American Heritage® Dictionary of the English Language, Fourth Edition
- v. To extract the flavor of by boiling.
- v. To make concentrated; boil down.
Century Dictionary and Cyclopedia
- To prepare by boiling; digest in hot or boiling water; extract the strength or flavor of by boiling.
- To digest in the stomach.
- To warm as if by boiling; heat up; excite.
- To concoct; devise.
- Cooked; digested.
GNU Webster's 1913
- v. To prepare by boiling; to digest in hot or boiling water; to extract the strength or flavor of by boiling; to make an infusion of.
- v. To prepare by the heat of the stomach for assimilation; to digest; to concoct.
- v. rare To warm, strengthen, or invigorate, as if by boiling.
- v. steep in hot water
- v. be cooked until very little liquid is left
- v. extract the essence of something by boiling it
- Old French, from Latin decoquō ("I boil down"), from de- + coquō. (Wiktionary)
- Middle English decocten, to boil, from Latin dēcoquere, dēcoct-, to boil down or away : dē-, de- + coquere, to boil, to cook; see pekw- in Indo-European roots. (American Heritage® Dictionary of the English Language, Fourth Edition)
“Pao-yü, on one hand, hastened to direct a servant to go and decoct them, and, on the other, he heaved a sigh.”
“After 15 minutes, decoct one-third of the mash, bringing it slowly to a boil over 20 to 25 minutes.”
“And to say the truth, remembering that Dr. Swinnerton himself never appeared to triturate or decoct or do anything else with the mysterious herbs, our old friend was inclined to imagine the weighty commendation of their virtues to have been the idly solemn utterance of mental aberration at the hour of death.”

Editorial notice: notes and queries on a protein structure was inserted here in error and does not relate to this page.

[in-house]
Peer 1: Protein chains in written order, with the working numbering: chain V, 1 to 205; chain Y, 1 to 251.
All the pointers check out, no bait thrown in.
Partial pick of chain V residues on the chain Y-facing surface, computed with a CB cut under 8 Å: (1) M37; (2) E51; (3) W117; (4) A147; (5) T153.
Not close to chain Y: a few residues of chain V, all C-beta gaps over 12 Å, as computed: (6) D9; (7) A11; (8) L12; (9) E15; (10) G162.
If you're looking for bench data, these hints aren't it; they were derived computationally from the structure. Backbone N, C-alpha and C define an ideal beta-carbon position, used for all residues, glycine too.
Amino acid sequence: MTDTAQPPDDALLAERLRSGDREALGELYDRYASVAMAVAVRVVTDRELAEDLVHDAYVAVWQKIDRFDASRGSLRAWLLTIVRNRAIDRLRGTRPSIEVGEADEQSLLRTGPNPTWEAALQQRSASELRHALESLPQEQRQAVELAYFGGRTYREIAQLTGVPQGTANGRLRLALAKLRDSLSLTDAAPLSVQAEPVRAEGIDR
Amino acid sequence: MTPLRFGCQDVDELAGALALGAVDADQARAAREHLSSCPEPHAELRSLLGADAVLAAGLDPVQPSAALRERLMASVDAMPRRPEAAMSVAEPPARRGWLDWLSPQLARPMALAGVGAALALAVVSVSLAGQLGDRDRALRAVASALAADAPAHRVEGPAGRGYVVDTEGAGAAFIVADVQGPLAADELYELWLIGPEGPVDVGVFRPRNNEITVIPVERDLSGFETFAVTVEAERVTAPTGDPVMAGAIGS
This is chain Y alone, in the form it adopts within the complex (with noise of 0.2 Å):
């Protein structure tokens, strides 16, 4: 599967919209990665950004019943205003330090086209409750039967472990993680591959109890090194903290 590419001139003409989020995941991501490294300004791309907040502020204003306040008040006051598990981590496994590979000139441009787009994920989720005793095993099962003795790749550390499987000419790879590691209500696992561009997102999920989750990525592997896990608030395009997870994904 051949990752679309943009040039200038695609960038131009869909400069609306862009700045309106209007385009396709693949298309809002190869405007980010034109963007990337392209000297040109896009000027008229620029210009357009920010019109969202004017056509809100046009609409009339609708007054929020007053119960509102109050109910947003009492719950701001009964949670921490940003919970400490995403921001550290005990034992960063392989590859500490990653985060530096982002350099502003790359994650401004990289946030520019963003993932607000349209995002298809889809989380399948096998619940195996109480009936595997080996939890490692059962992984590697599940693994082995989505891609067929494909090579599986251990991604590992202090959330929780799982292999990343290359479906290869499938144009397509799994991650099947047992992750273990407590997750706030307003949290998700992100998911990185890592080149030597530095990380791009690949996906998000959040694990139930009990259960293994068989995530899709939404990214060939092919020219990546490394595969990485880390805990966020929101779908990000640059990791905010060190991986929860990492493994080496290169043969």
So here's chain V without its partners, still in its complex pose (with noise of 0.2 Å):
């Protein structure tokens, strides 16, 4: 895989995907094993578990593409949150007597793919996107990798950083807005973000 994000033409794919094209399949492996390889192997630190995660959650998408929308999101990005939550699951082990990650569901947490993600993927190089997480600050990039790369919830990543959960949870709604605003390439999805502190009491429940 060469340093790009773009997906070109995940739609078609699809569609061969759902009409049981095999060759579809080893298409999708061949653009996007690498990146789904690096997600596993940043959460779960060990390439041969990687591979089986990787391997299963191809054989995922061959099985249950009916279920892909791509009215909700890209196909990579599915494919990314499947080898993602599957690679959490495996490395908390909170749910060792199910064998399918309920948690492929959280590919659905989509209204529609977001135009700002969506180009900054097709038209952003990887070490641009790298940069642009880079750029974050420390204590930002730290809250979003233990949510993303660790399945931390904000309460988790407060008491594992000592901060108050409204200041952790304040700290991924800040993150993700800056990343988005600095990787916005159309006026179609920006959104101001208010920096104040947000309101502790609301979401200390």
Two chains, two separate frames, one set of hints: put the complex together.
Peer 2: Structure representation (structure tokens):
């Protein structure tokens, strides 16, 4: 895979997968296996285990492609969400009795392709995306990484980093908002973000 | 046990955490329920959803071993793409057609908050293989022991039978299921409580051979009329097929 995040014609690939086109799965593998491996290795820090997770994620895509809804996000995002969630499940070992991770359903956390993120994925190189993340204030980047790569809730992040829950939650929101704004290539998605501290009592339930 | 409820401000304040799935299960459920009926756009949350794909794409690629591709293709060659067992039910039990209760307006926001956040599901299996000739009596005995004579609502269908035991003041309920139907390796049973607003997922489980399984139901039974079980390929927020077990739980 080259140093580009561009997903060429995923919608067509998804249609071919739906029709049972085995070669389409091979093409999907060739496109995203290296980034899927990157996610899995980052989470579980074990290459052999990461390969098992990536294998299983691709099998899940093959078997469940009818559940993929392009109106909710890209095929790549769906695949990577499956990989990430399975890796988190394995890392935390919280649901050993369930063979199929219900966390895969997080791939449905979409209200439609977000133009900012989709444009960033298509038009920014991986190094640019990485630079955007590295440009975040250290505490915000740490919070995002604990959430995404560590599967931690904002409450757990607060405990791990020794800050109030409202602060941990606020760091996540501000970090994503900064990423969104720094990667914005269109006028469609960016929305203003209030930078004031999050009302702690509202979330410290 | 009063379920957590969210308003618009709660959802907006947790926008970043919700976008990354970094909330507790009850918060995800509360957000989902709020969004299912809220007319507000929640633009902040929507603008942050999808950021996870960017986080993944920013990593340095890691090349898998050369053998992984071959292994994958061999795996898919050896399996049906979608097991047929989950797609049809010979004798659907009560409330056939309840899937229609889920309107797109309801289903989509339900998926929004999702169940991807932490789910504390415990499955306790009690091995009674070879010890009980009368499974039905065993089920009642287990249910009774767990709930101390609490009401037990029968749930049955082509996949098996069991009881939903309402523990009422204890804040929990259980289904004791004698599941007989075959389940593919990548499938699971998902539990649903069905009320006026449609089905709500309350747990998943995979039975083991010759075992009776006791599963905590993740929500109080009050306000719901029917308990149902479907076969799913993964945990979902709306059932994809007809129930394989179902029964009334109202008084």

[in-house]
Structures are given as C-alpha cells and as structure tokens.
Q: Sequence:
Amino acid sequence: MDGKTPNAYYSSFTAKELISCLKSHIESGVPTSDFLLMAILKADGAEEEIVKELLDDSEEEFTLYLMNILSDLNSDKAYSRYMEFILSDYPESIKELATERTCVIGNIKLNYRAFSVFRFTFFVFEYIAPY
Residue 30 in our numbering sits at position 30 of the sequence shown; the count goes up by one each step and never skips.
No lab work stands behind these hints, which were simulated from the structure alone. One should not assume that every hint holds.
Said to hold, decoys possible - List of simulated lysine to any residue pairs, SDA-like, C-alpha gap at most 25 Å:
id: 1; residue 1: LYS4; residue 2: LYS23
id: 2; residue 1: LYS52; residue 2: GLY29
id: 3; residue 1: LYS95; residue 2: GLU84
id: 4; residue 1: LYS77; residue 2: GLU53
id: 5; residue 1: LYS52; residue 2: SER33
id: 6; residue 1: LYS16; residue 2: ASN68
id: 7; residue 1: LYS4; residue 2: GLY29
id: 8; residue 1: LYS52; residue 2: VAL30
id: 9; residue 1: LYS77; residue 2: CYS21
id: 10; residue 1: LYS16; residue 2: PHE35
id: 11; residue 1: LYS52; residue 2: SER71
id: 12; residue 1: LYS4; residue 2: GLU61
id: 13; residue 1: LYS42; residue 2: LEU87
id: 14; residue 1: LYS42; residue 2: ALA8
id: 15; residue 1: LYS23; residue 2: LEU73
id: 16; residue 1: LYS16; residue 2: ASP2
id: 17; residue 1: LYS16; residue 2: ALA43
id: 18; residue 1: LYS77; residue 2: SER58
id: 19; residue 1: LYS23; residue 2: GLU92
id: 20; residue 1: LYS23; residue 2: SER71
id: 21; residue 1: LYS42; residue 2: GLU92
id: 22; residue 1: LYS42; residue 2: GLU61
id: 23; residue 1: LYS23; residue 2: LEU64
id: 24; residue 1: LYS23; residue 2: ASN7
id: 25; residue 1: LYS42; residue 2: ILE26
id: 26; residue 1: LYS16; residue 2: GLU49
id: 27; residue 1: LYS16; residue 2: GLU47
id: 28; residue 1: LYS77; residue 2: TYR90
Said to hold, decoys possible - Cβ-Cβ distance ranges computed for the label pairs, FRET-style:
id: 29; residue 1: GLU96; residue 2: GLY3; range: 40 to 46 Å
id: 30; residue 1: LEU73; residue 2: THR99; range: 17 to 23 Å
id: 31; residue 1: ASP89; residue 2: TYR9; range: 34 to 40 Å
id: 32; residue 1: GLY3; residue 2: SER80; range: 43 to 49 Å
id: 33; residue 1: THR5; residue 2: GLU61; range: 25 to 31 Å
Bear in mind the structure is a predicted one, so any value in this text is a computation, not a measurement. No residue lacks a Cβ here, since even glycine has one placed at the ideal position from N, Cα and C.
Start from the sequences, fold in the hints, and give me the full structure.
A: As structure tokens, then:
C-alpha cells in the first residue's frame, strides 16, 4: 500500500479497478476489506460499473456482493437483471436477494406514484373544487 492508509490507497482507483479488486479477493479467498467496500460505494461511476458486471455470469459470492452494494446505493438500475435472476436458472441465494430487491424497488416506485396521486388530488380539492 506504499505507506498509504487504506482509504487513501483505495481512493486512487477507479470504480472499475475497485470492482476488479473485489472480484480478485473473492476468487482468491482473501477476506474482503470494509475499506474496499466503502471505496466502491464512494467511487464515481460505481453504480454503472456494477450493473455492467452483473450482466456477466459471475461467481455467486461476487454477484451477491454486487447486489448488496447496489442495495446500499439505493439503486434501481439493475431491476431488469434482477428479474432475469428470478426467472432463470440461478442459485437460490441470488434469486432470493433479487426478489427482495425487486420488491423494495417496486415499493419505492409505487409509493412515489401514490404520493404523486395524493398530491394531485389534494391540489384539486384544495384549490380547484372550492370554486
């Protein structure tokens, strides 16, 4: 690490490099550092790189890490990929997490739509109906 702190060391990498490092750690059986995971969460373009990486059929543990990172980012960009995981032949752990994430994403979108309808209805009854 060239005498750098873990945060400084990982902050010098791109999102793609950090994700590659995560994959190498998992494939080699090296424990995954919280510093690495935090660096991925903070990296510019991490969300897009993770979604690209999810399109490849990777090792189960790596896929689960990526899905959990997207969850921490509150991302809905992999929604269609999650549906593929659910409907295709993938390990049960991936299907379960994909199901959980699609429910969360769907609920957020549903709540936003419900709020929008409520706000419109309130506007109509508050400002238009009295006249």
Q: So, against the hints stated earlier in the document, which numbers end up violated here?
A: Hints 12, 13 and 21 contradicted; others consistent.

“Take flower-de-luces, stalk, blossom, root, together; then decoct them over a slack fire; and with the liquid bathe your eyes several times a day; you will most certainly be cured of that weakness; but see that you purge first, and then go forward with the lotion.”
“I may decoct an essence in yonder furnace that will transmute the basest metal into gold.”
“Dr. Swinnerton himself never appeared to triturate or decoct or do anything else with the mysterious herbs, our old friend was inclined to imagine the weighty commendation of their virtues to have been the idly solemn utterance of mental aberration at the hour of death.”
“Mr. Trummer and Ms. Tierney have been trading legal papers since last year over ownership of the cocktail haunt, where bartenders in white lab coats decoct botanical-and-herb-infused elixirs from laboratory beakers.”
“On the 2d of _June_, being still rather weak, he was ordered decoct.cort. ℥ ii. ter de die; and on the”
“To take a cathart. powder every 4th morning, continuing the decoct.”
“Gosling, “to decoct, an that be the word, his pound into a penny and his webs into a thread. —”
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